“Throughout 2018, the NLC was completely invested in the struggle to protect workers’ interests, promote democratic values, advocate for the rule of law and defend human cum trade union rights. We sustained our fight against anti-labour practices at the work place and insisted on the observance of the rules of decent work and fair wages,” the NLC helmsman stated.

In furtherance to this, Wabba said the NLC would intensify the struggle for regular, predictable, and appropriate payment of salaries, pension and gratuity in the New Year.

He added: “This struggle will continue to be our topmost priority. We went further to call on the Federal Government to make subsequent release of further bail-out funds or Paris Club refund contingent on clear evidence of judicious use for payment of salaries, pensions and gratuities of previous releases. We will continue to insist on accountability.”

2019 general elections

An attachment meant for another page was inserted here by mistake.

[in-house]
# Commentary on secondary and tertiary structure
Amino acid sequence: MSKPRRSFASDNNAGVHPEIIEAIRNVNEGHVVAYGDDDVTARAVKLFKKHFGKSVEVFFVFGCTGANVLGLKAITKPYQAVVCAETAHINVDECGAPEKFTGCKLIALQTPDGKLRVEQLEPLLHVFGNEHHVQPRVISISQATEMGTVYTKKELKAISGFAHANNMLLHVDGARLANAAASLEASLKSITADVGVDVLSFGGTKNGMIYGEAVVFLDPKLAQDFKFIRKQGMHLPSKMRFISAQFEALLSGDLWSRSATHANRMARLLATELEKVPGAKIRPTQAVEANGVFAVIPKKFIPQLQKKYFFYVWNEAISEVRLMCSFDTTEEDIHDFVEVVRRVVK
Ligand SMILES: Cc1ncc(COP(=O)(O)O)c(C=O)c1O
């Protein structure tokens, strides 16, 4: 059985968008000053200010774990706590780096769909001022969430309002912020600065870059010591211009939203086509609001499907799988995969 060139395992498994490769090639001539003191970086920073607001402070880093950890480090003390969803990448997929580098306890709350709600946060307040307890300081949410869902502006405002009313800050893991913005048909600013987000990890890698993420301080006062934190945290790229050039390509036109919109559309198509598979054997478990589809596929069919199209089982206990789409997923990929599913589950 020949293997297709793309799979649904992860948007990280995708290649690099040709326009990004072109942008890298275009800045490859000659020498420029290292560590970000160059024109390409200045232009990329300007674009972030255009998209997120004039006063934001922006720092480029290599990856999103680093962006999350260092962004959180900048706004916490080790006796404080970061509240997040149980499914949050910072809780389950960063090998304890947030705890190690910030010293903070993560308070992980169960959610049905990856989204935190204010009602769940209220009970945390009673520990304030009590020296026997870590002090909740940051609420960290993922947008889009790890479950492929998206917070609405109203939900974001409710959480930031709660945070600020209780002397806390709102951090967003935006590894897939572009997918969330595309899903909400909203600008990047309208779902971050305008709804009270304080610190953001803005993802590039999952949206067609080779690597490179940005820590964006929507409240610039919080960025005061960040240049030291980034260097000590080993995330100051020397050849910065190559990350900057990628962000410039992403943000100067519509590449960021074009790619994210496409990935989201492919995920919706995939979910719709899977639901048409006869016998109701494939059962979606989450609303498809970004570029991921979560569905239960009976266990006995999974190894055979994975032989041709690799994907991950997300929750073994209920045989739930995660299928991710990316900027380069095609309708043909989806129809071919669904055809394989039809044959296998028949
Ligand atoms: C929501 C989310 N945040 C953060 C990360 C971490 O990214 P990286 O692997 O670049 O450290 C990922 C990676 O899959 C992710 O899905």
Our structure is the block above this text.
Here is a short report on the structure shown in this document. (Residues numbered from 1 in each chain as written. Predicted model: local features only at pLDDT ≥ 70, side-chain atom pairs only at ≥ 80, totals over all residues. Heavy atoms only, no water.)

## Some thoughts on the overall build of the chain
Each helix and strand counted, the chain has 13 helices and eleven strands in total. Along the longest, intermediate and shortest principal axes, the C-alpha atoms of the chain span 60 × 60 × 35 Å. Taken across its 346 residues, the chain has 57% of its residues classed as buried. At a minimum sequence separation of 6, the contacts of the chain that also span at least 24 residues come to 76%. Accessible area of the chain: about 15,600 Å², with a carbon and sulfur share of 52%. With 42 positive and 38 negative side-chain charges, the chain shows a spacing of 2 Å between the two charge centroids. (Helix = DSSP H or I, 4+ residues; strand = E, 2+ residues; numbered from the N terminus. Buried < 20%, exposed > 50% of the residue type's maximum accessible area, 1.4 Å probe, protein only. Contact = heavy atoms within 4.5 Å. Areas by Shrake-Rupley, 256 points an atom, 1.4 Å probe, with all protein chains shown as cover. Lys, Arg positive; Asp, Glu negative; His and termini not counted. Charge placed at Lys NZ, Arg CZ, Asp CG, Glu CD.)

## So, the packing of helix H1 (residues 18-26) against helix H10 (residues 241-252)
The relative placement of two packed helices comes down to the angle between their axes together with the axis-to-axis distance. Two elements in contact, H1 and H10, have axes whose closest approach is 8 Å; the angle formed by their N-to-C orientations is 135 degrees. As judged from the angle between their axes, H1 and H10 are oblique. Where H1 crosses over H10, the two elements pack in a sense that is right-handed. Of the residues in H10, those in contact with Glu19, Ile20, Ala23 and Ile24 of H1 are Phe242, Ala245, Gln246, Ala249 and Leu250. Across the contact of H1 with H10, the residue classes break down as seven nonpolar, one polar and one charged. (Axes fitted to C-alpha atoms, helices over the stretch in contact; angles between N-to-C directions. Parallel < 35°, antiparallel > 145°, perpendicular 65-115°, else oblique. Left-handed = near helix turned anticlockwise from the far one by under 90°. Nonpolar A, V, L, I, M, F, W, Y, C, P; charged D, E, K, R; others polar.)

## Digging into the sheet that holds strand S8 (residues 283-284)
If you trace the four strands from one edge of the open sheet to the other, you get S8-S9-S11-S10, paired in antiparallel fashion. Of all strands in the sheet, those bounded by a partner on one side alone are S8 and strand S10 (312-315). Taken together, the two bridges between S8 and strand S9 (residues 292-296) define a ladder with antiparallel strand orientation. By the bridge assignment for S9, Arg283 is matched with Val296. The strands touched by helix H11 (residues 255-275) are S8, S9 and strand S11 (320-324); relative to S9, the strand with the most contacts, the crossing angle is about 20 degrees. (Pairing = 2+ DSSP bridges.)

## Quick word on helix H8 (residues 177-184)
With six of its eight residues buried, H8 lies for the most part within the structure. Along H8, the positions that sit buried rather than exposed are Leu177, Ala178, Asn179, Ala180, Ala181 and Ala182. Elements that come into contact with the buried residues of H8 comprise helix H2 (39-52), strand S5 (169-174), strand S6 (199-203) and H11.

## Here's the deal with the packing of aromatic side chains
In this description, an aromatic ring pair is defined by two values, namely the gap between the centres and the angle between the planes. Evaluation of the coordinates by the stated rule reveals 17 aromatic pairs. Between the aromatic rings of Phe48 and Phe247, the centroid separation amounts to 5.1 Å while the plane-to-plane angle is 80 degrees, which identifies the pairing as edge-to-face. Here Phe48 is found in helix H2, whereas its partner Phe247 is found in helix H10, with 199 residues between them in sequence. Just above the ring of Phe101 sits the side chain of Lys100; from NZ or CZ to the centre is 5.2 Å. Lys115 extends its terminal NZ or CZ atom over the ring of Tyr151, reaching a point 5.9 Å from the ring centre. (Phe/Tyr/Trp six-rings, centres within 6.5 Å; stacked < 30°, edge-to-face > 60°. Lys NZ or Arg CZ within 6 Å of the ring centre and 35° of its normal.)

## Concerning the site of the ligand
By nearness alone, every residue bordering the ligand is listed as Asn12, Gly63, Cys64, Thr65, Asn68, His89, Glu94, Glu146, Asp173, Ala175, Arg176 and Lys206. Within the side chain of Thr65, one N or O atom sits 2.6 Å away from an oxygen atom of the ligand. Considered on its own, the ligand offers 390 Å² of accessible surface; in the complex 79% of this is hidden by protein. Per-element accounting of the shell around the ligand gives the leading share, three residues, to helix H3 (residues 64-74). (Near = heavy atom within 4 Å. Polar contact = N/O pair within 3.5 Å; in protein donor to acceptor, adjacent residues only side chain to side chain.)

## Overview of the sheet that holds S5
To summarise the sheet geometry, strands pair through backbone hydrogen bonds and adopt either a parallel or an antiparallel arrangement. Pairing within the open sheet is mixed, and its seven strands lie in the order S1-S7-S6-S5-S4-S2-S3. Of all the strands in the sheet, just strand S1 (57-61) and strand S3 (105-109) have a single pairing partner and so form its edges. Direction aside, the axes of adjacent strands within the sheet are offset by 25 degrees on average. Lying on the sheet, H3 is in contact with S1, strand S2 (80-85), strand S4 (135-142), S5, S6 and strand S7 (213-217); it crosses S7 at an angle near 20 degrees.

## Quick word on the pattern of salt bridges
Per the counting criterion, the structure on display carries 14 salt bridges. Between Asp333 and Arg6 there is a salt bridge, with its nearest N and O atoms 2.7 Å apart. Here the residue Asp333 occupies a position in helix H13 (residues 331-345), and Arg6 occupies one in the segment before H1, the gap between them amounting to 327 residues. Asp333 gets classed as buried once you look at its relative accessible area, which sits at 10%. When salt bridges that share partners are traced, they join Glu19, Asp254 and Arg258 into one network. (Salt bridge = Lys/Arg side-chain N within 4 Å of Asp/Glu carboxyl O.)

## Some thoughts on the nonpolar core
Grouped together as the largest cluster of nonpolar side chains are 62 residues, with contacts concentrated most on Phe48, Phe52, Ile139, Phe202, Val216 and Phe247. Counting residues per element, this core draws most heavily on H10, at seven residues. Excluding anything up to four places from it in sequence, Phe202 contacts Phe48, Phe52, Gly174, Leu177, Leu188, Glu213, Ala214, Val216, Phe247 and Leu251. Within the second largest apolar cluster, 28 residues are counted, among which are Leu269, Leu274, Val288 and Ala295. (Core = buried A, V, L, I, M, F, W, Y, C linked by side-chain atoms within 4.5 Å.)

As the election period draws near, while praying for a free, fair and credible elections, labour demanded that both the election umpire and political actors played by the rules of the game by shunning violence, election malpractices, vote-buying, manipulation of election rules and politics of bitterness.

They also demanded that the recovered loot be invested transparently for the benefit of all Nigerians.
NLC said it would deepen its campaign for good governance and fight against corruption in the same manner it sustained the campaign for tax justice and illicit financial flows.

Kaigama on his part, urged all politicians to espouse the spirit of sportsmanship and ensure the 2019 polls are held under the atmosphere of peace and tranquility.

He said what should be paramount to all is to put the country on the path of progress, saying: “we must do things differently forthwith if Nigerians are serious about developing the country.”